The way theater lovers tell it’s August on Mount Desert Island is there’s a murder mystery playing at Acadia Repertory Theatre in Somesville.

This season’s offering is Peter Gordon’s “Murdered to Death,” a two-act play that’s both a spoof of and an homage to those English mysteries perfected by Agatha Christie. The show even has a character named Miss Maple, a slight alteration of Christie’s detective Miss Marple.

Set in the 1930s at the country house of Mildred, who is expecting guests, the plot of “Murdered to Death” hardly matters, but the fact that the first scene in the first act ends with shot and the thud of a body falling is all-important to what happens next.

Act One, Scene Two is when the real comedic action begins with the entrance of Inspector Pratt, played by Arthur Morison, and Constable Tompkins, portrayed by Jonathan Wells. Morison plays Pratt as an English Inspector Clouseau, the stumbling, bumbling French detective created by Peter Sellers in the “Pink Panther” films.

Morison is hysterical as Pratt, who calls his assistant Thompson instead of Tompkins and refers to Miss Maple as Miss Marbles. He also accuses a suspect of wanting to illuminate rather than eliminate the dead woman. Morison is delightful in the role and milks every laugh from the dialogue.

Keeping pace with him is Julie Ann Nevill as Miss Maple. Like Miss Marple, murder follows her wherever she goes, which tickles her and the audience.

Nevill creates a perfect foil verbally and physically for Morison’s Pratt. He is a short man of large gestures, stumbling feet and wrong conclusions. This tall, reed of a woman appears to be to the uptight, upright country English gossip but is the real detective in the house.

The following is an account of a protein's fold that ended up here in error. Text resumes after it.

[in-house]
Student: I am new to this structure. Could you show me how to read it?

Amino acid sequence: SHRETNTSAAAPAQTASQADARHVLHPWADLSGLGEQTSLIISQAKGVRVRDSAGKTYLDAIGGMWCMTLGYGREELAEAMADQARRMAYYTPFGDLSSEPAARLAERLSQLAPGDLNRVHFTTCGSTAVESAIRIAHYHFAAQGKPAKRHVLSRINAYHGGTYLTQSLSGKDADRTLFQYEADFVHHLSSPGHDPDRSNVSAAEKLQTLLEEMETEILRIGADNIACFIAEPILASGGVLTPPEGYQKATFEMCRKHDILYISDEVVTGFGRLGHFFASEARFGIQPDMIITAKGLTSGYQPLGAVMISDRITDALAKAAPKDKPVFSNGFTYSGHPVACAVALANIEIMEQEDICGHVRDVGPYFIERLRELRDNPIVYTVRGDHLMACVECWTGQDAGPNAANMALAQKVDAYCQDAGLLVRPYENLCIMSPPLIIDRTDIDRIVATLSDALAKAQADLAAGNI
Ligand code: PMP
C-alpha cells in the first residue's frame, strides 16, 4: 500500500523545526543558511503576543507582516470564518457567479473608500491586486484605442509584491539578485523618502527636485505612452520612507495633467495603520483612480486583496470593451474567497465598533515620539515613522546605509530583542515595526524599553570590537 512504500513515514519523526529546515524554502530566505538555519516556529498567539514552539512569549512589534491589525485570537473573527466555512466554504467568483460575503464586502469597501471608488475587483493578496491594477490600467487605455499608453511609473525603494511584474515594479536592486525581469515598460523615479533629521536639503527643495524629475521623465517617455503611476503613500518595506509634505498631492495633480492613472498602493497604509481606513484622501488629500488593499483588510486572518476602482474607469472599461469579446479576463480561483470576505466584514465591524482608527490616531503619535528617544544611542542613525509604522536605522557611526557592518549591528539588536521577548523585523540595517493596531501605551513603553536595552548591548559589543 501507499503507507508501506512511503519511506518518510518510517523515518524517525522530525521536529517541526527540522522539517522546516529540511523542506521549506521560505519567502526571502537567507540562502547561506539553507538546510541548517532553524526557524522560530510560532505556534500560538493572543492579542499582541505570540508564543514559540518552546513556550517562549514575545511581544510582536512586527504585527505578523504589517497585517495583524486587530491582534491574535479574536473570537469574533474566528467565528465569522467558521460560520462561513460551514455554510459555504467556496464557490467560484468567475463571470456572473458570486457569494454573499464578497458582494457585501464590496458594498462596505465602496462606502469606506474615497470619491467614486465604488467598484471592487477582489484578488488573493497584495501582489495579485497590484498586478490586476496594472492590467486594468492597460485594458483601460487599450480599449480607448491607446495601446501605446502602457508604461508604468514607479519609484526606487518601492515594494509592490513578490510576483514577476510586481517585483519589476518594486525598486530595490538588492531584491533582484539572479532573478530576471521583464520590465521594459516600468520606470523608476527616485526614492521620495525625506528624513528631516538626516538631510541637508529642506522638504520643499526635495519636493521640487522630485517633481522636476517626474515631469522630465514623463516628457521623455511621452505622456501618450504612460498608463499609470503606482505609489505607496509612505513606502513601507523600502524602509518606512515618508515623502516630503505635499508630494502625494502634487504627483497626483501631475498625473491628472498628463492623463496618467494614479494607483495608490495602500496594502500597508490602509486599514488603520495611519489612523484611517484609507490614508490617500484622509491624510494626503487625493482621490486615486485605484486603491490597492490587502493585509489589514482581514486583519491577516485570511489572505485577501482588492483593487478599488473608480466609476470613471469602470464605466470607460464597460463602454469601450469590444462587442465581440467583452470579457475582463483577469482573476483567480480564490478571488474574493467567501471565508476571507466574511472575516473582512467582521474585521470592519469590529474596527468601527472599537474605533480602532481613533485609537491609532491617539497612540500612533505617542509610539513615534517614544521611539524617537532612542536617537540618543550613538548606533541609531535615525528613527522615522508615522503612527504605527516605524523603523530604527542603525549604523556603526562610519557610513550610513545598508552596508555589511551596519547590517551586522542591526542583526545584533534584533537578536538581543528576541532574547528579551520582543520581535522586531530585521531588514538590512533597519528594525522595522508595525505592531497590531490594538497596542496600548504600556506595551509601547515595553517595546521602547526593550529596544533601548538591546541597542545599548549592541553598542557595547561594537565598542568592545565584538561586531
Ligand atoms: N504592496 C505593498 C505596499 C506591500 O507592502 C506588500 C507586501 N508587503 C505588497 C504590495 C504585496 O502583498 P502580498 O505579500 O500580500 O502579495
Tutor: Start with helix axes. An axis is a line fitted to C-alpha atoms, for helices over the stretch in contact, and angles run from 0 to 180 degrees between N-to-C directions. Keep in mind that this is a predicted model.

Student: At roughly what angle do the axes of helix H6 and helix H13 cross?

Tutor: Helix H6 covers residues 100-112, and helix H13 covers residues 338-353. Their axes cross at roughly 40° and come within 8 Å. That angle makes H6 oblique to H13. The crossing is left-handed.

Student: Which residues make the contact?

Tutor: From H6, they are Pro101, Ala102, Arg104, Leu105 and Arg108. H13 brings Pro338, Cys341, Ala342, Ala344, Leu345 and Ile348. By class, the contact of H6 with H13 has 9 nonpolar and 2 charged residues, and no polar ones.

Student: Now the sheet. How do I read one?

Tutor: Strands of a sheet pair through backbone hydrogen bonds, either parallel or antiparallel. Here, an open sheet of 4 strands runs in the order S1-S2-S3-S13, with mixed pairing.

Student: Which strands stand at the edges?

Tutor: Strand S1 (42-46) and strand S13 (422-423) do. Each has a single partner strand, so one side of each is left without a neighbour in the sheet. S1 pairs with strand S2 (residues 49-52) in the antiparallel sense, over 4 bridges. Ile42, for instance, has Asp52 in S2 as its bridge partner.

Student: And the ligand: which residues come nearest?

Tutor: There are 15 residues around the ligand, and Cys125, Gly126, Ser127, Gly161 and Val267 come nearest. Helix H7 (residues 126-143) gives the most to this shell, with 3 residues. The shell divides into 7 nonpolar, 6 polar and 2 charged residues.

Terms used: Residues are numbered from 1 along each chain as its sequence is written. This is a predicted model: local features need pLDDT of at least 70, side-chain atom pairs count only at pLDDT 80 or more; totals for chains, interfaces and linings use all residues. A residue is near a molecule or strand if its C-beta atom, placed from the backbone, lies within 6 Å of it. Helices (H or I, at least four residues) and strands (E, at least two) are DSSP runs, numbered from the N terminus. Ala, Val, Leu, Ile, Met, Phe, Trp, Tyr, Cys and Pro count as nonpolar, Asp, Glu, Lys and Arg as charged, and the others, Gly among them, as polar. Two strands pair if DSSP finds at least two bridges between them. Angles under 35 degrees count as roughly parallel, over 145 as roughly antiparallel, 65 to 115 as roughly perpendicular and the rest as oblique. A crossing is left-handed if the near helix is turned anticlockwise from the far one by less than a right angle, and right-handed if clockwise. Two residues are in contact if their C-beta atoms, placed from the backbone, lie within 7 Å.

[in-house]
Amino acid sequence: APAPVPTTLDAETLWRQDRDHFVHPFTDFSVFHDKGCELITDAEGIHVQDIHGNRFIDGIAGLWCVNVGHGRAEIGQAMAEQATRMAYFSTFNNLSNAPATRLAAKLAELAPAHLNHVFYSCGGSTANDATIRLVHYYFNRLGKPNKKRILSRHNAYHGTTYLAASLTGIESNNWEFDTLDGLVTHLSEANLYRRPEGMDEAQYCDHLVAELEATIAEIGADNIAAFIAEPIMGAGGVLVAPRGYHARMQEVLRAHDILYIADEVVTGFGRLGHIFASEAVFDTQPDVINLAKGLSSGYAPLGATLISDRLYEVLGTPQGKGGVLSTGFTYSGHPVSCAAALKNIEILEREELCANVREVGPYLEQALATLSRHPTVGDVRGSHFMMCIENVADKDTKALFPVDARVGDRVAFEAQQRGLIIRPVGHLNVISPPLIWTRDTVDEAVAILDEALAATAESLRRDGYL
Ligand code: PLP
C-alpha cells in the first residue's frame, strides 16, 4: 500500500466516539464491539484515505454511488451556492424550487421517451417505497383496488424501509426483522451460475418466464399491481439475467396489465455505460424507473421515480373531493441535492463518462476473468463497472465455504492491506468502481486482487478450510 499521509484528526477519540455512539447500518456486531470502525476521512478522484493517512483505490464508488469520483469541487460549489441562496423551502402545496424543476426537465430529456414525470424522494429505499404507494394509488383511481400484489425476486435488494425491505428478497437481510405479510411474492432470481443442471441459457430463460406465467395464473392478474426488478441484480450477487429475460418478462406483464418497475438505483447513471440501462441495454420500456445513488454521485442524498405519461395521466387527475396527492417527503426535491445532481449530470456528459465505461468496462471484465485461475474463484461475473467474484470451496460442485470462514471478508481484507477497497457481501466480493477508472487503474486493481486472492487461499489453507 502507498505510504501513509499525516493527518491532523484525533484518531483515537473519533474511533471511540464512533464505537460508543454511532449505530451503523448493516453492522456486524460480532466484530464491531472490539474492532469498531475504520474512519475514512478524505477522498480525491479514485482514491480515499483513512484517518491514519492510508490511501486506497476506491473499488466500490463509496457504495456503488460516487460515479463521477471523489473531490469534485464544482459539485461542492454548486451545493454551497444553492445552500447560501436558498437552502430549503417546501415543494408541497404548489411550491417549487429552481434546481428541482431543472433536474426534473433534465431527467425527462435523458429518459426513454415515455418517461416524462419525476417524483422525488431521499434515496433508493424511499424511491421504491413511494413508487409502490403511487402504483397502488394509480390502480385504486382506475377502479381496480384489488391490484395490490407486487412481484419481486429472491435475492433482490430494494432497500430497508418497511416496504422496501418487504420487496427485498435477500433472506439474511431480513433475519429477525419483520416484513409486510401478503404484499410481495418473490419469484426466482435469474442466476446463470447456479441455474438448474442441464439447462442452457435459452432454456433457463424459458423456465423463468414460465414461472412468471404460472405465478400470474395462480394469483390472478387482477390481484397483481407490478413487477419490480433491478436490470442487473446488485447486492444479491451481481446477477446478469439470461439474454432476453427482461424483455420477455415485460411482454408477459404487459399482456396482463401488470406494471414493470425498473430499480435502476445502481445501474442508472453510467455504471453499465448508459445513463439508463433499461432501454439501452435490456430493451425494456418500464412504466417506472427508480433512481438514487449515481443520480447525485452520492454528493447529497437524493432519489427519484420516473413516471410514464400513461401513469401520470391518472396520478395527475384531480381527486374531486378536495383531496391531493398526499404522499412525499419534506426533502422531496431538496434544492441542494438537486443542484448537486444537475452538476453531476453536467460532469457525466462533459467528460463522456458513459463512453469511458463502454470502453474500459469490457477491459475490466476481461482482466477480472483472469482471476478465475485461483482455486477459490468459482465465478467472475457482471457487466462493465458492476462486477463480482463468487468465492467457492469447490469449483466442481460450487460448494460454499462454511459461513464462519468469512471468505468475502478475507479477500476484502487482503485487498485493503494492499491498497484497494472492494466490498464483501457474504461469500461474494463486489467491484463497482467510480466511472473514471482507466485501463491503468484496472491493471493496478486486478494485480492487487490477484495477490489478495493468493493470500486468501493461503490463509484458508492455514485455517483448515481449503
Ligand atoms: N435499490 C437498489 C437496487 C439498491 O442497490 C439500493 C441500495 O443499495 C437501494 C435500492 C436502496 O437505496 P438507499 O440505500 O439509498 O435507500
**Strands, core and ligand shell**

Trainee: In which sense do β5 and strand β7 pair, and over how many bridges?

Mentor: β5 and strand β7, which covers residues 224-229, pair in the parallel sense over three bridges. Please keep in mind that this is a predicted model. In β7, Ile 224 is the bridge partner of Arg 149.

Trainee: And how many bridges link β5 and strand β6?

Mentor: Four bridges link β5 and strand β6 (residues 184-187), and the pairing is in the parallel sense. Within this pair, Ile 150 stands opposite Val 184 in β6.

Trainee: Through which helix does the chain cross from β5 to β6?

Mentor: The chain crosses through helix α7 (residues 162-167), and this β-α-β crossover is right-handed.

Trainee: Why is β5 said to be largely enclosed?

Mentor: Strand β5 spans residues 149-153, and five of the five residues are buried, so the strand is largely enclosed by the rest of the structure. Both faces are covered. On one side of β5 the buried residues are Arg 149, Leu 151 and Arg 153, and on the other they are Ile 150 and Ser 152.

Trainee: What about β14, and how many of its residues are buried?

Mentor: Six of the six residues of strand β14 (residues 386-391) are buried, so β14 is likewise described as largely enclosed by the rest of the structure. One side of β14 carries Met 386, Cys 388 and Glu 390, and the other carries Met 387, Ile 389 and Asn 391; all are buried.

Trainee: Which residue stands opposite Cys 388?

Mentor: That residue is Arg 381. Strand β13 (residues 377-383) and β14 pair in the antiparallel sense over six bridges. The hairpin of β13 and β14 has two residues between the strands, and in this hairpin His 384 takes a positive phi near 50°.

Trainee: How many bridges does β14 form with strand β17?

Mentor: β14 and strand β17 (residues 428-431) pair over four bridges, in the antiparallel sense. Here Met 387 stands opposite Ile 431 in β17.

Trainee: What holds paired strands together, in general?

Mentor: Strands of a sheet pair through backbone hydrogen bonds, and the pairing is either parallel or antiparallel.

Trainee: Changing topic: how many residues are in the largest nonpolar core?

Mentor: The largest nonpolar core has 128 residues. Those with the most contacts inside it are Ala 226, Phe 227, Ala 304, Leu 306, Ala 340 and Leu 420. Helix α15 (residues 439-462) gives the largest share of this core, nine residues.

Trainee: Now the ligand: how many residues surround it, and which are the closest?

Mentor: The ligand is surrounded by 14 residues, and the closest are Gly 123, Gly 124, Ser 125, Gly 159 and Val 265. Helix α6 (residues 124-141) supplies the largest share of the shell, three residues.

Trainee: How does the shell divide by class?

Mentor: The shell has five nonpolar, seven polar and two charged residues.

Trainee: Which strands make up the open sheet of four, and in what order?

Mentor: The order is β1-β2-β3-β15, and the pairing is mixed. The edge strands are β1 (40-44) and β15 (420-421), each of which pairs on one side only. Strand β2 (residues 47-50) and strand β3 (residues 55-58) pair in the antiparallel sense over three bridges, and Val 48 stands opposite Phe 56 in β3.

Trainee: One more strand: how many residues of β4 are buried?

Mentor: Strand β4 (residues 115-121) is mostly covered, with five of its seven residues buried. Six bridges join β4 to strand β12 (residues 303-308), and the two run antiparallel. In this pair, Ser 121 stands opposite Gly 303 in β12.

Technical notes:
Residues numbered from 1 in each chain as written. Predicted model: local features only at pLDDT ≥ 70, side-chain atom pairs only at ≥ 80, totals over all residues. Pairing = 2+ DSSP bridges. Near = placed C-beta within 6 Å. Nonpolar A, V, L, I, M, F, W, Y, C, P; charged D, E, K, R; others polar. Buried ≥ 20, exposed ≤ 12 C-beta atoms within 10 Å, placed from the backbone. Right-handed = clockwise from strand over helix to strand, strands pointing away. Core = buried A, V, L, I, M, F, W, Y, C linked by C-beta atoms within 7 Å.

As in all great Christie mysteries, “Murdered to Death” has a retired military man. Michael Kissin portrays Colonel Charles Craddock with charm and aplomb. Kissin’s button-down performance is so spot on that Craddock could have been plucked from any B-movie about honor and the British Empire.

Acadia Rep’s interns are especially talented this year. Mary Paola as Mildred’s niece Dorothy, Hannah Kulus as guest Elisabeth Hartley-Trumpington and Jonathan Wells as Constable Tompkins keep up with and often out-act the more experienced professionals on stage.

Wells is a wonderful straight man for Morison and he perfectly captures the inexperienced copper whose instincts are nearly always right. The young actor must have been weaned on the Public Television show “Mystery!”

Frank Bachman as the tippling butler Bunting, Chloe Hatcher as Mildred the murdered homeowner and Mike Perlman as guest Pierre Marceau don’t give performances quite equal to their fellow actors. They most likely will improve over the run of the show, but during Tuesday’s opening night performance they still seemed to be struggling to remember their lines and grasping for their characters.

Director Cheryl Willis has been a mainstay at Acadia Rep since 2000. Born in England, she has a knack for wringing every drop of Britishness from the drawing room mysteries that traditionally close each season. She has successfully done that again with “Murdered to Death.” Theatergoers may giggle themselves to death on their drives home.

“Murdered to Death” will be performed Tuesdays through Sundays through Sept. 4 at Acadia Repertory Theatre at the Masonic Hall in Somesville on Mount Desert Island. For information, call 244-7260 or visit http://www.acadiarep.com.